Lars Aronsson a écrit :
In any written text (see [[en:Zipf's law]]), of
all the words used
(the vocabulary), about half of them will occurr only once. If
the same mathematical distribution is applicable to topics in an
encyclopedia, about half of all articles in Wikipedia are at the
very thinnest end of the tail. If we were to use visitor
statistics to cut away the least notable topics, we could easily
cut away half of our stock. And that's hardly what we want.
So is there any other math we could do here?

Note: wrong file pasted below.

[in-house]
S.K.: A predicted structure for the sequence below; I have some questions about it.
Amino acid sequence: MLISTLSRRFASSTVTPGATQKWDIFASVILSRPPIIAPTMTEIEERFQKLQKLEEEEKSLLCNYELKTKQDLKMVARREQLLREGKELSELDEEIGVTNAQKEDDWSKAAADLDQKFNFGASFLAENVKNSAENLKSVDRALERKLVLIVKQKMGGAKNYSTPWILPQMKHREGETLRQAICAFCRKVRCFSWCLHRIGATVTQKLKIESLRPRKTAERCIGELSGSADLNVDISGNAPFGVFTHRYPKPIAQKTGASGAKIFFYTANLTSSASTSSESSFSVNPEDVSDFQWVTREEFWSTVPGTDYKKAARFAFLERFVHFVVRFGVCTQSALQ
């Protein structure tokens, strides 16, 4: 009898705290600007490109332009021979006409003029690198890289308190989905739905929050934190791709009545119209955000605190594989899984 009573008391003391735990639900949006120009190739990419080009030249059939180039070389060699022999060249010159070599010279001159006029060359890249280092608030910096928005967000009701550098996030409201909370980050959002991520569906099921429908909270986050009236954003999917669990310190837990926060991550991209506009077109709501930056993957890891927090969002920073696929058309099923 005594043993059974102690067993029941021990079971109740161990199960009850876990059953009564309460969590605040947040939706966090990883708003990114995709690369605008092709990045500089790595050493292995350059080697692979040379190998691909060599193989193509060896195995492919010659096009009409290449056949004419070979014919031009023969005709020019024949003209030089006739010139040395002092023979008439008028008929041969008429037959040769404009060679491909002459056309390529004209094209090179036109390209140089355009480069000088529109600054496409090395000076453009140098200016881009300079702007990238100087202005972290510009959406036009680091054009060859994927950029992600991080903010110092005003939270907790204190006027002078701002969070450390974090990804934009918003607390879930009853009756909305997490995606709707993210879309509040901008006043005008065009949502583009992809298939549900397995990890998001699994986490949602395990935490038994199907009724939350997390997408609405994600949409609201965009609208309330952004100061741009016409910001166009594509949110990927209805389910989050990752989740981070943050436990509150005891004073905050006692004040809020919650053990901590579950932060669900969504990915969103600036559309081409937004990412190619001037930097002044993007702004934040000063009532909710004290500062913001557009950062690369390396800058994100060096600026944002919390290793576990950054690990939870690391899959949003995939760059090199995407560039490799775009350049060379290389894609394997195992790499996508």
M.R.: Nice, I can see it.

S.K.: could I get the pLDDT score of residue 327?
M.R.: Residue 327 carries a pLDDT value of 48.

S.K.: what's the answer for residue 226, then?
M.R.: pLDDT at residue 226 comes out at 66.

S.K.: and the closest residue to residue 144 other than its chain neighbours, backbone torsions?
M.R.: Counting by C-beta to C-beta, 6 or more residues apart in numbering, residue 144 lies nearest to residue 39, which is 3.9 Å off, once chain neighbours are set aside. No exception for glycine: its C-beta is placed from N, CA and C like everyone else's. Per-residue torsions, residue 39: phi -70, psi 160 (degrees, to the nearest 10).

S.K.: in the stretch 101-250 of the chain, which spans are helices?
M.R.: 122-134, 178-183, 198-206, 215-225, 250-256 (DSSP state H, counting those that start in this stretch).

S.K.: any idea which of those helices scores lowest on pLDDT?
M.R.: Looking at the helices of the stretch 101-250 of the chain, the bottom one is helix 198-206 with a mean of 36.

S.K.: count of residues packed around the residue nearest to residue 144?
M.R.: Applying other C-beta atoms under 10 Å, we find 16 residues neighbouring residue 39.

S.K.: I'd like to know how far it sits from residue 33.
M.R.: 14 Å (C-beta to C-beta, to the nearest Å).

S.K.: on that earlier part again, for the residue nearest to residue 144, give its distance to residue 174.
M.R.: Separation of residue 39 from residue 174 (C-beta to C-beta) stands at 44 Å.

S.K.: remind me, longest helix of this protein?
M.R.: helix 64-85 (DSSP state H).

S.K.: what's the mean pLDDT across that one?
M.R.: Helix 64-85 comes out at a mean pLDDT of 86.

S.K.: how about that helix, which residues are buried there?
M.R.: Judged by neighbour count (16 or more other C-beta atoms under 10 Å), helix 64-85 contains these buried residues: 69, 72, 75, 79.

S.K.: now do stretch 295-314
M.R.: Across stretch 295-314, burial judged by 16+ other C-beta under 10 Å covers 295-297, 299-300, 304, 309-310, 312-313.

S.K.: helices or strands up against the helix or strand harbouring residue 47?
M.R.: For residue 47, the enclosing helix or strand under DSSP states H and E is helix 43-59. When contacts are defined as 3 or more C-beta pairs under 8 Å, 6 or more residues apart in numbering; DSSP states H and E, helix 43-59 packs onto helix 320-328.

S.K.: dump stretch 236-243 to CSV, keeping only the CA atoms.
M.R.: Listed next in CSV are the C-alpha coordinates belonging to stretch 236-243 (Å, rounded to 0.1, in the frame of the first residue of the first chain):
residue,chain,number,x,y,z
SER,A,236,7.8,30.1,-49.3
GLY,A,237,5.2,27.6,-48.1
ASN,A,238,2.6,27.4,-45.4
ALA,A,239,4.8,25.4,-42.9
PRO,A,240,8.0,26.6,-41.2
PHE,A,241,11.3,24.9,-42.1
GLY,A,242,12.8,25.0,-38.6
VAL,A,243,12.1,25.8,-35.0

Perhaps a notion of service:
A Wikipedia article is interesting if it offers a service supplemental
to what is available, say, from the subject's official site. If the
article is just a copy of the information in the official site, with
unprovable anecdotes thrown in, then it does not offer a service.
Also, with respect to schools, the thing is that Wikipedia is not a
directory. It does not aim to index every company, individual etc. in
the world. So we have to resort to measurements of what makes somebody
or some institution "special".
*Some* highschools are special. Some have inordinate numbers of alumni
going into high positions. Some frequently appear in the press, in
novels, etc. Some have exceptional characteristics. These should have
But there's no reason we should have an article on my neighbouring
highschool, unless we also want articles on every company or organization...